Thursday, August 29, 2013

Mary McCarthy’s ‘The Group’ Is the Definitive Young Woman’s Sex Narrative

Mary McCarthy's 'The Group' Is the Definitive Young Woman's Sex NarrativeFifty years ago this week, Mary McCarthy’s bestselling novel The Group was published. And 50 years later, people are still arguing vociferously about the legacy of the book. A couple of things are agreed upon. One is that The Group was a pioneer of the young-ladies-come-to-New-York-and-get-jobs-and-date genre that sustains women’s narratives from Sylvia Plath to Lena Dunham. It also blazed a trail for dismissive, angry, befuddled non-sequitur reviews from men who wanted to know what this girl stuff was all about, and why on earth anyone with a brain and some testicles might take it seriously. … Read More
David Foster Wallace and the Literary Traditions of Tennis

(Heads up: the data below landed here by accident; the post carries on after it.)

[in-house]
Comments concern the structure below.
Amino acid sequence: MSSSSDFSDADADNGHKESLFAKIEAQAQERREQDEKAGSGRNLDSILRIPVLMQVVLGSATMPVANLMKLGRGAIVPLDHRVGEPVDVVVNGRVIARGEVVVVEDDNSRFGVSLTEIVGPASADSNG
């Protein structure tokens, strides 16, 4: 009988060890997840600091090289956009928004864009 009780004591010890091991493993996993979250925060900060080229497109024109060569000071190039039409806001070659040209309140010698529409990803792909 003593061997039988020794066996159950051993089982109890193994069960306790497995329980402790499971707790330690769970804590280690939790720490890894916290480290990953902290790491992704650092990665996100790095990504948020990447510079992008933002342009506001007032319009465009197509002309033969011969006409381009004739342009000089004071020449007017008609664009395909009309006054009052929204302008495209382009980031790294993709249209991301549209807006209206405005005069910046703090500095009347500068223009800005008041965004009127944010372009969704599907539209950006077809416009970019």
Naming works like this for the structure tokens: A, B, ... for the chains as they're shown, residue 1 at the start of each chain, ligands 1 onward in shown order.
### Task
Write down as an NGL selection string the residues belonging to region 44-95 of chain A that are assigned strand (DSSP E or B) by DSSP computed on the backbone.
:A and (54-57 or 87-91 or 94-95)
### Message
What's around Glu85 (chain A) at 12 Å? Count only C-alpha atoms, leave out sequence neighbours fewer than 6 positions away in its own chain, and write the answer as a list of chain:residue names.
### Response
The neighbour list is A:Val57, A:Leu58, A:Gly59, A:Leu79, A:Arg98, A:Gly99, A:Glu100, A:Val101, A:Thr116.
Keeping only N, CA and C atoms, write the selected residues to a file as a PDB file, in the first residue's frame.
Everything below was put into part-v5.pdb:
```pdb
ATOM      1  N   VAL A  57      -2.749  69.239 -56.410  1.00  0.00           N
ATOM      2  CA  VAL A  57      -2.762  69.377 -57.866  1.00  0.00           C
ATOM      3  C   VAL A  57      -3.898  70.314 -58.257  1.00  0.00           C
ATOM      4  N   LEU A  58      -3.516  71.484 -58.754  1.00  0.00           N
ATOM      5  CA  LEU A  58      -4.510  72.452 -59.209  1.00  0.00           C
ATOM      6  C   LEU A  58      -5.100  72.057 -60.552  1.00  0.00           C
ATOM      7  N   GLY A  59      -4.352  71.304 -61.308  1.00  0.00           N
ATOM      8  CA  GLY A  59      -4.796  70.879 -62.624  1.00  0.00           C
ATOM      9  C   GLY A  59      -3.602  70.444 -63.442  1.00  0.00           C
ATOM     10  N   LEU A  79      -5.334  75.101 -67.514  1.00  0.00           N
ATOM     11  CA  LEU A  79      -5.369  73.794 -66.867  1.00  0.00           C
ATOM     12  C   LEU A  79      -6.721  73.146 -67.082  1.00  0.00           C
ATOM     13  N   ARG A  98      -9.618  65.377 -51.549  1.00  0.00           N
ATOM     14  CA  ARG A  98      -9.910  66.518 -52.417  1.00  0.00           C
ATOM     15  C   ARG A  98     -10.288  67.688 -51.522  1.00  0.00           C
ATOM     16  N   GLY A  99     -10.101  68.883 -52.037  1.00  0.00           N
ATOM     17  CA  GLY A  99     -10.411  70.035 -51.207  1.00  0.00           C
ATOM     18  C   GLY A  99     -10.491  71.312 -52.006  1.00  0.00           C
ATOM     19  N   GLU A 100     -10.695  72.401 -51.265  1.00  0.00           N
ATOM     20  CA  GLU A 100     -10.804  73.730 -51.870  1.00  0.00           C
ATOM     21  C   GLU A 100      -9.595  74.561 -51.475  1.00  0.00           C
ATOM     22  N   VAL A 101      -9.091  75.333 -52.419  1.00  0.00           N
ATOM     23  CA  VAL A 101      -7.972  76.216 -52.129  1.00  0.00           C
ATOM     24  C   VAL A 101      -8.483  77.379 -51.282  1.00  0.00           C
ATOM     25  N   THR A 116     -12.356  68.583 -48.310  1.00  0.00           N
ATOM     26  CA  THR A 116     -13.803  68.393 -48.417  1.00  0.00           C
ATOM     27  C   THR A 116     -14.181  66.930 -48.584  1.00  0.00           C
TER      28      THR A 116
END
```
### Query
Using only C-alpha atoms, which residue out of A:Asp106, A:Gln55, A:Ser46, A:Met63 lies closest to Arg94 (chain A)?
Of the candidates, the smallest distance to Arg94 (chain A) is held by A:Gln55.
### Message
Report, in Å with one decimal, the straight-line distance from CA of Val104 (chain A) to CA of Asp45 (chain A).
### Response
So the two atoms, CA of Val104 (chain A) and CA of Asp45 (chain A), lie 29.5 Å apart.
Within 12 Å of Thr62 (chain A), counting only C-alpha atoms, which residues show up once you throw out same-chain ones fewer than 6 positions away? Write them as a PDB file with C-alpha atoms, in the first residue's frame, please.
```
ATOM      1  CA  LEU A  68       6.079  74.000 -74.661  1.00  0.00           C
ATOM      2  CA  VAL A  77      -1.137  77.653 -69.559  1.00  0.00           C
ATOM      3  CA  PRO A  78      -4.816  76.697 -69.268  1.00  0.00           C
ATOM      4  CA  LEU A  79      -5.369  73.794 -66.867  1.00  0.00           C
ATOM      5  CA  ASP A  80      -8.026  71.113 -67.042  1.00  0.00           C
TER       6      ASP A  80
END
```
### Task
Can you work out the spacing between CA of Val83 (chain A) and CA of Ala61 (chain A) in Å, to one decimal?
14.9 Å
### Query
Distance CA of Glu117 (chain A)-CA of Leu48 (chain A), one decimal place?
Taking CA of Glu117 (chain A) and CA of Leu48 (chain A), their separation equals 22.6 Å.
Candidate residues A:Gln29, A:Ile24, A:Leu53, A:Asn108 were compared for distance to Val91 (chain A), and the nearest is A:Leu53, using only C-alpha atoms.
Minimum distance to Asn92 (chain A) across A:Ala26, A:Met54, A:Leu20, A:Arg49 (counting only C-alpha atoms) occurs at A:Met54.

David Foster Wallace and the Literary Traditions of Tennis

Tennis and literature make great bedfellows. I’m sure there are those that would argue soccer, baseball, or even boxing make better mates with the written word, but baseball’s steroid problem has made it difficult to find much magic in the game. Soccer can be seductive, but I think writers find the fandom (Bill Buford’s Among the Thugs) or sociopolitical angles (Franklin Foer’s How Soccer Explains the World) of the game more interesting. Boxing has punched its way into irrelevancy as we await the first great MMA essay. Even professional wrestling has surpassed the sweet science that Ring Lardner and Norman Mailer loved, with writers like The Masked Man (aka David Shoemaker) writing brilliant pieces like the “Dead Wrestler of the Week” entries at Deadspin. … Read More

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